The success (or failure) of aid programmes in developing countries is difficult to measure in terms of results. In fact international cooperation in development programmes seems to have reached few of its objectives. World recessions and wildly fluctuating commodity prices have hit many developing countries hard, while an ecological doomsday looms in the background.
What went wrong with development cooperation through aid? What can be done better? What should the objectives of development programmes be?
These questions imply that we need to study not only the impact of development projects but also initiation, implementation and evaluation processes for aid programmes. Aid organizations need to emphasize the efficiency of these processes if development programmes are to succeed.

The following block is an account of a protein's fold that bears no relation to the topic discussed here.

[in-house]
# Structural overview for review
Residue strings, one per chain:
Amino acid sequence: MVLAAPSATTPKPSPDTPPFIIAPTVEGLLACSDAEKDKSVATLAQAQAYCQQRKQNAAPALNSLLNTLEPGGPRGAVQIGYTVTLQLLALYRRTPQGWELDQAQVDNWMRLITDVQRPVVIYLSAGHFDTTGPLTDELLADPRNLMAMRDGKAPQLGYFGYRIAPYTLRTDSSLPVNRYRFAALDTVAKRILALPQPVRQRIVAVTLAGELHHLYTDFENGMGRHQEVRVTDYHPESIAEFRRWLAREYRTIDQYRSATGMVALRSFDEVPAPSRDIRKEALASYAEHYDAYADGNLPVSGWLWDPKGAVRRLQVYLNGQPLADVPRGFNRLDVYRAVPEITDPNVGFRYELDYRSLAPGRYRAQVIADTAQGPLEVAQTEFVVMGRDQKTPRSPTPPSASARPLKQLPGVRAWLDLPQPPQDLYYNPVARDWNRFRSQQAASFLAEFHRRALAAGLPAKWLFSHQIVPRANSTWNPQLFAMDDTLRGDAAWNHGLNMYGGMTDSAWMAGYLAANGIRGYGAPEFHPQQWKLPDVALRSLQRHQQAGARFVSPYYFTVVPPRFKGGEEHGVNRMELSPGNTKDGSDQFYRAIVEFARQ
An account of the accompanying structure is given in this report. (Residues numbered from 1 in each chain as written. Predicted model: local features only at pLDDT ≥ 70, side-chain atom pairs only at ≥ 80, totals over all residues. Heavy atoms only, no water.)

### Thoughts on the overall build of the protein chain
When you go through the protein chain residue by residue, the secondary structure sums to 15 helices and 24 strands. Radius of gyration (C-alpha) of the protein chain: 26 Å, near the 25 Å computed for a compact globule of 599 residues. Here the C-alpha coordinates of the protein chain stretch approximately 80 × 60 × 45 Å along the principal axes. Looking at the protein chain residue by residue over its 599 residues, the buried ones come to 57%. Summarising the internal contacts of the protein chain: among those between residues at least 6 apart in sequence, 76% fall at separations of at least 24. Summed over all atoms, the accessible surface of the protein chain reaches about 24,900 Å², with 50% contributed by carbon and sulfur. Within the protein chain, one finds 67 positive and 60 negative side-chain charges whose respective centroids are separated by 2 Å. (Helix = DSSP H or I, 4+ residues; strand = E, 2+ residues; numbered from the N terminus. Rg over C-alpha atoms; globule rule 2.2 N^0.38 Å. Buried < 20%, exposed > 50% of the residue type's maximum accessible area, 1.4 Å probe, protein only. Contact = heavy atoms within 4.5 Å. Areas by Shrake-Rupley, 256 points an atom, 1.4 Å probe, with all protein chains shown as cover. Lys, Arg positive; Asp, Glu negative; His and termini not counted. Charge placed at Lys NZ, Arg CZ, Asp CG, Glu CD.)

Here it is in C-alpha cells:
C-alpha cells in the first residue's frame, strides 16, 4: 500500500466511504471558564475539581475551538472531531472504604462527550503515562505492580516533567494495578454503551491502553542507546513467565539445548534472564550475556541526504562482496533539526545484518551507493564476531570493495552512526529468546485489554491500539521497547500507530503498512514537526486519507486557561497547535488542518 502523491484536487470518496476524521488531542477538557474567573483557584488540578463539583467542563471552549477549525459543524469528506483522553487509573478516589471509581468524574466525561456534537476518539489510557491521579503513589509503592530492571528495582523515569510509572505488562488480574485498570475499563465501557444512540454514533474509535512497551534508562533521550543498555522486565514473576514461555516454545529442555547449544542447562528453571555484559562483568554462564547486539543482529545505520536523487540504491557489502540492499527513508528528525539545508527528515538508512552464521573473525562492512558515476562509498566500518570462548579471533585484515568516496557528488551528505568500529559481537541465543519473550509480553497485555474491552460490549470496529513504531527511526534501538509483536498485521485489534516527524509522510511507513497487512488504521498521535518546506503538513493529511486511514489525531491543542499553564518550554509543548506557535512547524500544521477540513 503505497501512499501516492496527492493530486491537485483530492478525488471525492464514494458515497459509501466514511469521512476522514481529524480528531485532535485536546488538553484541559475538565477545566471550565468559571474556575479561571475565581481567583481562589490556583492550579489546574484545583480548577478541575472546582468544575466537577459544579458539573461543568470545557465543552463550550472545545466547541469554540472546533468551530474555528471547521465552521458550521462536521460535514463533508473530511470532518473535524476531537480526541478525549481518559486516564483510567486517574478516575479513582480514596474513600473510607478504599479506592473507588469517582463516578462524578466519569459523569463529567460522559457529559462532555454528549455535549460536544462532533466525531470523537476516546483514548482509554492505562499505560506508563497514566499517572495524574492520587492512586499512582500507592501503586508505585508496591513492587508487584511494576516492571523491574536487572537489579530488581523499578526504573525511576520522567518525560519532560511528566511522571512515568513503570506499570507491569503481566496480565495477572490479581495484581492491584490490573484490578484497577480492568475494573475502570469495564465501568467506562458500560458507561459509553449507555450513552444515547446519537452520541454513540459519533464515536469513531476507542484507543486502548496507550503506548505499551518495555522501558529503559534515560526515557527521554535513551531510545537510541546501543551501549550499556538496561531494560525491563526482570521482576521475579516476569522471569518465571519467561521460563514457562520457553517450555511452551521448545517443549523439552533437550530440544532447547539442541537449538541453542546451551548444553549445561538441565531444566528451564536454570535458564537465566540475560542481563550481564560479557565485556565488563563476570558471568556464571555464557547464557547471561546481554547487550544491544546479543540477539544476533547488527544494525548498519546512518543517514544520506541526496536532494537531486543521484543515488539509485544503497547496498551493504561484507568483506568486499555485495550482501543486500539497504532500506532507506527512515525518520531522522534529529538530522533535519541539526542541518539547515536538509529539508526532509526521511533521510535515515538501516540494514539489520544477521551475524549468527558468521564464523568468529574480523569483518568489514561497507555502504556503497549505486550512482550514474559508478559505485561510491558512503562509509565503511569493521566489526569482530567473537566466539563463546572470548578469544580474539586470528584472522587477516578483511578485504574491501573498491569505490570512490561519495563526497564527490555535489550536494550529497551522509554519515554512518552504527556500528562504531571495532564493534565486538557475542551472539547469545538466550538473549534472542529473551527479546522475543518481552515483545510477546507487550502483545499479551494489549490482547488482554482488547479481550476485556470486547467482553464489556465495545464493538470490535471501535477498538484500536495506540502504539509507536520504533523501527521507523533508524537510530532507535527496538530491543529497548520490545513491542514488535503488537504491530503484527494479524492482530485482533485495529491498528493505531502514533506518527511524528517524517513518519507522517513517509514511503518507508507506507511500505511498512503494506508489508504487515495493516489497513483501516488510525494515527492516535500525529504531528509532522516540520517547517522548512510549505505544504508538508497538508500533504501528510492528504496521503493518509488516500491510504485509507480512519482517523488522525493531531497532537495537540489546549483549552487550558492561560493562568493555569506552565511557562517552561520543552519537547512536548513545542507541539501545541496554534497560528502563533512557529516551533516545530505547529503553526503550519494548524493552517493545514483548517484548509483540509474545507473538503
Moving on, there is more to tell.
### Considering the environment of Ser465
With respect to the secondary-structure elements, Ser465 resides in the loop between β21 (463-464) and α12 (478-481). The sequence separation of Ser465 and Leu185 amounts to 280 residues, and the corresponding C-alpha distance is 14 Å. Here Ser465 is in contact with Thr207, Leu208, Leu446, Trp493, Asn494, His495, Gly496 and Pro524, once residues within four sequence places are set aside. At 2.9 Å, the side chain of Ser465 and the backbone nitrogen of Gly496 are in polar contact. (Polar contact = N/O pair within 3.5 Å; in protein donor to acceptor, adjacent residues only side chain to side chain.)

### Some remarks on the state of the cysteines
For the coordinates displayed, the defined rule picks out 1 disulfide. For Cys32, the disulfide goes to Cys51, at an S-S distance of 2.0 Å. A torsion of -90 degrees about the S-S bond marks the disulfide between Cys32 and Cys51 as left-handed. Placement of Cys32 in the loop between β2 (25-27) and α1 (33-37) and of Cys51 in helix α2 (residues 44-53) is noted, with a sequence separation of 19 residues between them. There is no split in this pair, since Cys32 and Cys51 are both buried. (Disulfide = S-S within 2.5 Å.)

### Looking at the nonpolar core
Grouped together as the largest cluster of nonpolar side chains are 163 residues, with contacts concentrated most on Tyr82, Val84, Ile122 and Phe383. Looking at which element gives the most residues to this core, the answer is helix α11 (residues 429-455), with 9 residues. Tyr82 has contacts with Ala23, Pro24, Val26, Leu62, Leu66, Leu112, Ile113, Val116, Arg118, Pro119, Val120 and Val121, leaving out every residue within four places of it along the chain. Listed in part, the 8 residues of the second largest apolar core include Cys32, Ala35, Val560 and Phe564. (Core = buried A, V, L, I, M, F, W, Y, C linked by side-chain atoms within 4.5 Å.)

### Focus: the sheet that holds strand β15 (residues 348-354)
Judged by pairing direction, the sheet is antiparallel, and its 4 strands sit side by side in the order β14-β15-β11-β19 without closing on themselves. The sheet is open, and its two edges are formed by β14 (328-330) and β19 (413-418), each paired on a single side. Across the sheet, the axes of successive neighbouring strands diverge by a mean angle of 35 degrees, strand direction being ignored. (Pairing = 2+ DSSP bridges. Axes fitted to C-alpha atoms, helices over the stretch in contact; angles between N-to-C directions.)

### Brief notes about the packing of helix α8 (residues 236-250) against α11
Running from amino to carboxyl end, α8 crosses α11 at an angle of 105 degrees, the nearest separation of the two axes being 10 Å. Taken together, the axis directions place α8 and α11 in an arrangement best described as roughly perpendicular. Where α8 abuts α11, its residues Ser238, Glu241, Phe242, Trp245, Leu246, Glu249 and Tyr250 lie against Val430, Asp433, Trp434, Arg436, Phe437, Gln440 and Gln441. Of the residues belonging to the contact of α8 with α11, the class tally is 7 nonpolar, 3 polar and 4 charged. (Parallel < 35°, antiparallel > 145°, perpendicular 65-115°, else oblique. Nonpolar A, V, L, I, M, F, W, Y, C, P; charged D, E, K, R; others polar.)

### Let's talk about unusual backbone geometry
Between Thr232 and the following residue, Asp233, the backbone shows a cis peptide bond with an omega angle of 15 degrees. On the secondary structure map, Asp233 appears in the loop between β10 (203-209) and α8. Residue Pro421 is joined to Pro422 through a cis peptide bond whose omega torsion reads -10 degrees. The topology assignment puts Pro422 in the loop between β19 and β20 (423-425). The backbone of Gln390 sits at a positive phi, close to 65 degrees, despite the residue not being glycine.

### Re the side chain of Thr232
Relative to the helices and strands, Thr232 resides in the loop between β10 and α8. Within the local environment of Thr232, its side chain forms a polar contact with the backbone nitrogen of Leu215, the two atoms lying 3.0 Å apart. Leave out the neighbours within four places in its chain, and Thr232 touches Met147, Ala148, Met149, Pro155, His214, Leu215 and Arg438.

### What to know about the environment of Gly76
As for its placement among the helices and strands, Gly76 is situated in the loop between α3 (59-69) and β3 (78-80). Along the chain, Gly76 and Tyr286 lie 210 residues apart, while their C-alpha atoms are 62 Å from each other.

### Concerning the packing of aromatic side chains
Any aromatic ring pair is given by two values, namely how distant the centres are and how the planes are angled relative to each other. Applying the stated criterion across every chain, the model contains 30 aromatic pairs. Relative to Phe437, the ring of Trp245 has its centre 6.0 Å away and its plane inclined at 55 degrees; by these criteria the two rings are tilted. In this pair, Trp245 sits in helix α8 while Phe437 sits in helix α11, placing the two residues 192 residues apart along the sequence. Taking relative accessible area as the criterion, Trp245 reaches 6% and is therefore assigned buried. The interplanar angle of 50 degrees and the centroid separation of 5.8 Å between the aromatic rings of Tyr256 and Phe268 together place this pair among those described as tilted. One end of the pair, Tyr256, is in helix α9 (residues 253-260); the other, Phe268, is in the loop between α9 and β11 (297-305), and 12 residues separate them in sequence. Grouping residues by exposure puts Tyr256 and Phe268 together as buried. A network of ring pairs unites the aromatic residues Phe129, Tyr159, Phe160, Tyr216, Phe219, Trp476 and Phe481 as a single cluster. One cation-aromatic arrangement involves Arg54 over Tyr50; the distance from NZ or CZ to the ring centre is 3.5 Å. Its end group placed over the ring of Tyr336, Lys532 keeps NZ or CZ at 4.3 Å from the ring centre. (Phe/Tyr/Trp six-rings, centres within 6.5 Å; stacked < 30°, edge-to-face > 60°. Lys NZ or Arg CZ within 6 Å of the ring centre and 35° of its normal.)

This book deals with structures and processes in aid organiztions. It shows how planning and evaluation work in practice in a comparative study of two organizations, the United Nations Development Programme (UNDP) and the Swedish International Development Authority (SIDA). Several examples of industrial development projects in Tazania are used - some successful, some failures, with others somewhere in between. The aim is to learn from this experience - whether successful or not - and to delineate the potential for more effective development cooperation.
EFI Stockholm School of Economics and NAI , 1985.